Child Led Weaning...Isn't This Too Early?? - Mothering Forums

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Old 07-06-2005, 12:01 AM - Thread Starter
 
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Hi Mamas! My son is 10.5 months and is becoming increasingly less interested in nursing. Isn't it awfully early for him to wean himself??? I really wanted to nurse for over the year mark, but if he keeps this up, I'm afraid I will loose my supply.

He was a wonderful nurser up until recently. (I know I was very blessed to not have problems (i.e with latch, supply etc.) in the beginning.) Lately, he will not latch, he turns or pushes away and wants to get down. I know he has to be hungry - he will be quite fussy and gives me all the signs that he wants to eat.

He does drink juice occasionally from a sippy cup or regular glass, though - would that be the problem? He's done the cup/glass for over a month and no problems...but maybe they could develop over time ???

Any suggestions? Should I pump and put it in a sippy? I really want to continue to give him BM no matter what, but I will so miss the nursings.
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Old 07-06-2005, 01:16 AM
 
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it could just be a phase. or a nursing strike. if you're worried about your supply you can pump and store it.
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Old 07-06-2005, 01:58 AM
 
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Oh boy - I could have written your post a couple of months ago (actually, I think I did! :LOL ) I didn't get a whole lot of advice at the time, but now that I am on the other side of it, I have more insight.

This is almost assuredly what is called a "nursing strike" - your babe is not trying to wean, I can be 99.9999999999% sure of that.

I don't believe you need to be too worried about your milk supply. When your DC picks up the nursing more later (give it a month, perhaps) your milk supply will will come right back. If you can't help but feel nervous about it (like I did) you can pump and drink some Nursing Mom tea (as I did)

Most of all, offer the breast frequently throughout the day. Your DC may only latch on for a second and then get distracted, but that is all it is: a distraction. Your babe still needs you and your wonderful mommy milk. You'll probably notice that your babe definitely wants to nurse enthusiastically at certain times of the day, i.e. early morning or before bedtime. The afternoon ones more than likely get cut short because your DC is learning so much and noticing so much that it may be difficult to just sit still and cuddle.

I'm ing now, I know. Hope this helps. Don't give up!

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Old 07-06-2005, 02:27 AM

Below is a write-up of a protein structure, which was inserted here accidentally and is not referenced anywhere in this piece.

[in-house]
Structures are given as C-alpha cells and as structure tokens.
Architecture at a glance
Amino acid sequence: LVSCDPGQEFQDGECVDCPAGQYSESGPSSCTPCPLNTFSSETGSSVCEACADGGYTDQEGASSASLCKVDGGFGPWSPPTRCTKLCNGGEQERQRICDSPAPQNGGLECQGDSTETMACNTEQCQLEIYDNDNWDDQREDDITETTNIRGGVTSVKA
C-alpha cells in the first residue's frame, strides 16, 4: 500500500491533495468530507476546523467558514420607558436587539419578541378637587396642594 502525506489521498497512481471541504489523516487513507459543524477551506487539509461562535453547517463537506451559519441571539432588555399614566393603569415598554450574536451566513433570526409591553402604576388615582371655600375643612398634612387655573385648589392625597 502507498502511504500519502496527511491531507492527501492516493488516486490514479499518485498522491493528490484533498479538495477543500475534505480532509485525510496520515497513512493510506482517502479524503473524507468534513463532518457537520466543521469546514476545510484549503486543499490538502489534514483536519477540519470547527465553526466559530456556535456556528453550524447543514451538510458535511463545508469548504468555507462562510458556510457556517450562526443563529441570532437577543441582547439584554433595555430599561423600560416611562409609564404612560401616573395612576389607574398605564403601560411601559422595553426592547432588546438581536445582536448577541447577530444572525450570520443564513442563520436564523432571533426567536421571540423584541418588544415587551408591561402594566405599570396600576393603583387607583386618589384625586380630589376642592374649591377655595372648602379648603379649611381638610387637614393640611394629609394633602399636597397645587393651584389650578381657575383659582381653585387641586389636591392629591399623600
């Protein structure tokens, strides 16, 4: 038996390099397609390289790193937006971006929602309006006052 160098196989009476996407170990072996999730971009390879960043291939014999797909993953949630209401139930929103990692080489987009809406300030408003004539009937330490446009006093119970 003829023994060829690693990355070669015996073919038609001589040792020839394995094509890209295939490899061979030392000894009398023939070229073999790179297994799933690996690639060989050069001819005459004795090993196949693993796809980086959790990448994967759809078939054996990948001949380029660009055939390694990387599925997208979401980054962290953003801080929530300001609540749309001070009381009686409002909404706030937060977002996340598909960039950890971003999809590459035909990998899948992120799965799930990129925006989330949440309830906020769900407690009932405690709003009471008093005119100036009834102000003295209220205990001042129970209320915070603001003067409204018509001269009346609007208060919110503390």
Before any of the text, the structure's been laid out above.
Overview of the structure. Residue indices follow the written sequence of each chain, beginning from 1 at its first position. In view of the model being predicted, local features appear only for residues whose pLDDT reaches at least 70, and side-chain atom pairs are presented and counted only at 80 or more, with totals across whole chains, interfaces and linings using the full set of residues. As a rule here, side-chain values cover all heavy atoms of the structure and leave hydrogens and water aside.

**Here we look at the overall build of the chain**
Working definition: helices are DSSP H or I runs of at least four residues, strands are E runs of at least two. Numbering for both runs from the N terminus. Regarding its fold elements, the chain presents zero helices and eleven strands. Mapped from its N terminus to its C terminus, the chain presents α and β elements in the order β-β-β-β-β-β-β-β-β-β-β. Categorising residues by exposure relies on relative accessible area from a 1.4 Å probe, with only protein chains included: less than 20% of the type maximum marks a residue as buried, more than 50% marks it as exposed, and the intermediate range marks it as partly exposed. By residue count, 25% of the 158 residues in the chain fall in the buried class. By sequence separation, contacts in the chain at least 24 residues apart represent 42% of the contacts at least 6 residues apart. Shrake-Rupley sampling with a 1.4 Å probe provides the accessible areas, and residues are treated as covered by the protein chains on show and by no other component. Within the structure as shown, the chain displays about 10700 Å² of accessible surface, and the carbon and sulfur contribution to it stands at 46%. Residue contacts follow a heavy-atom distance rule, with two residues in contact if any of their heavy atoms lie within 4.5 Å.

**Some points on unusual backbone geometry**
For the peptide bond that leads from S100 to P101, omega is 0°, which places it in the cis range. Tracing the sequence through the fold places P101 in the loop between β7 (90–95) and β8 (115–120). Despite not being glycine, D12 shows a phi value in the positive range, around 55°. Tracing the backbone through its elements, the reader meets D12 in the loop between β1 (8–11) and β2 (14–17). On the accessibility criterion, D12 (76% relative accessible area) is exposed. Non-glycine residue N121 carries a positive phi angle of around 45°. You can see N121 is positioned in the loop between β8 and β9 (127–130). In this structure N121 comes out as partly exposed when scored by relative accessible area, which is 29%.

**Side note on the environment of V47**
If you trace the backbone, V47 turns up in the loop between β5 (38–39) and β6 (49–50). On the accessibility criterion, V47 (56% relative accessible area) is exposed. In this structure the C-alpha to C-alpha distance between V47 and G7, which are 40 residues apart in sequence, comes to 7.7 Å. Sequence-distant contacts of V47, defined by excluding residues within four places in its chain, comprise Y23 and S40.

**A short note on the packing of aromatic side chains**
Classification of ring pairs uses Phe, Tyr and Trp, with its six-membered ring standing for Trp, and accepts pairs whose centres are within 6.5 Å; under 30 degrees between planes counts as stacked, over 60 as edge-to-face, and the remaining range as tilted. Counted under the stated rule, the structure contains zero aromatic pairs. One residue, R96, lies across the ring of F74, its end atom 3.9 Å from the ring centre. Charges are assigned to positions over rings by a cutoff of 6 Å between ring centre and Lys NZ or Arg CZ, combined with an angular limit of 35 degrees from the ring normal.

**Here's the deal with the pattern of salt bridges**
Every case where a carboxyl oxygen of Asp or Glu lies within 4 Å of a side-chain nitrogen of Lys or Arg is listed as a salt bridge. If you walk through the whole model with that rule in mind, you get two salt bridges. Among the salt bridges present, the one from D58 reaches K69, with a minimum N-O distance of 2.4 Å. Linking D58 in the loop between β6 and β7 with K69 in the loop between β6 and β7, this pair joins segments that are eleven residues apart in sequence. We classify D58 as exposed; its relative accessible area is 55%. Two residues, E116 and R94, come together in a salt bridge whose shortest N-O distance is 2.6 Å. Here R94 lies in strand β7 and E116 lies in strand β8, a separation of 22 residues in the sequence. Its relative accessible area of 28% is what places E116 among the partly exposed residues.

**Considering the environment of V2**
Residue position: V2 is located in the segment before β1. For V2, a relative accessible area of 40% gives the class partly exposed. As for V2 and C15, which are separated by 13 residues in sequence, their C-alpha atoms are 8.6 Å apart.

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Sneaking nursing sessions during sleepy times/at night helps a lot of women and children make it through a strike, too. The same technique could be used for the curious child who just has too much to explore to be bothered nursing, also. Like the previous poster said, it is pretty unlikely that a child that young is weaning. After one year old, maybe, but under 1 is most likely just distraction or a strike.
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Old 07-06-2005, 02:59 AM
 
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Nursing strike. Nurse before food. Maybe even cut down the # of solids. Nurse when he's sleepy or having down time anyway.

good luck!

-Angela
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Old 07-06-2005, 10:22 AM - Thread Starter
 
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Thanks for all of the advice and support, mamas. It is very much appreciated. After reading your descriptions, I believe he is on a strike...it seems he goes 90 mph non stop all day here lately...just wanting to be "doing" something constantly...he is such a busy bee!

We'll wait it out and I will pump some in the meantime if necessary....I just miss my little cuddle-bug!!
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Old 07-06-2005, 11:37 AM
 
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I just wanted to add that I agree it is definitely not weaning. I don't believe a child under 2 would self-wean. I also wanted to say that I would not give him BM in a sippy just to get him to drink some. I personally know 2 women who ended up accidentally weaning that way. He won't starve himself, so let him come to you when he's hungry or thirsty for BM, rather than giving it to him in a cup. If you give it to him in a sippy, he really *will* be too busy to nurse, because he'll be able to carry it around the room with him, so why should he bother to come get it right from you?
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Old 07-07-2005, 03:06 PM
 
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I agree that it may be a nursing strike. Both of my kids stopped nursing for awhile and after I gave them bm in a cup they stopped nursing....between 1 and 2 years. To me it seemed that they sort of self-weaned, but I understand that some may disagree. I was fairly uncomfortable denying them milk in a cup since they were verbally asking for it and fairly assertive about rejecting the breast - in the case of my younger son actually pushing me away and crying when I would offer the breast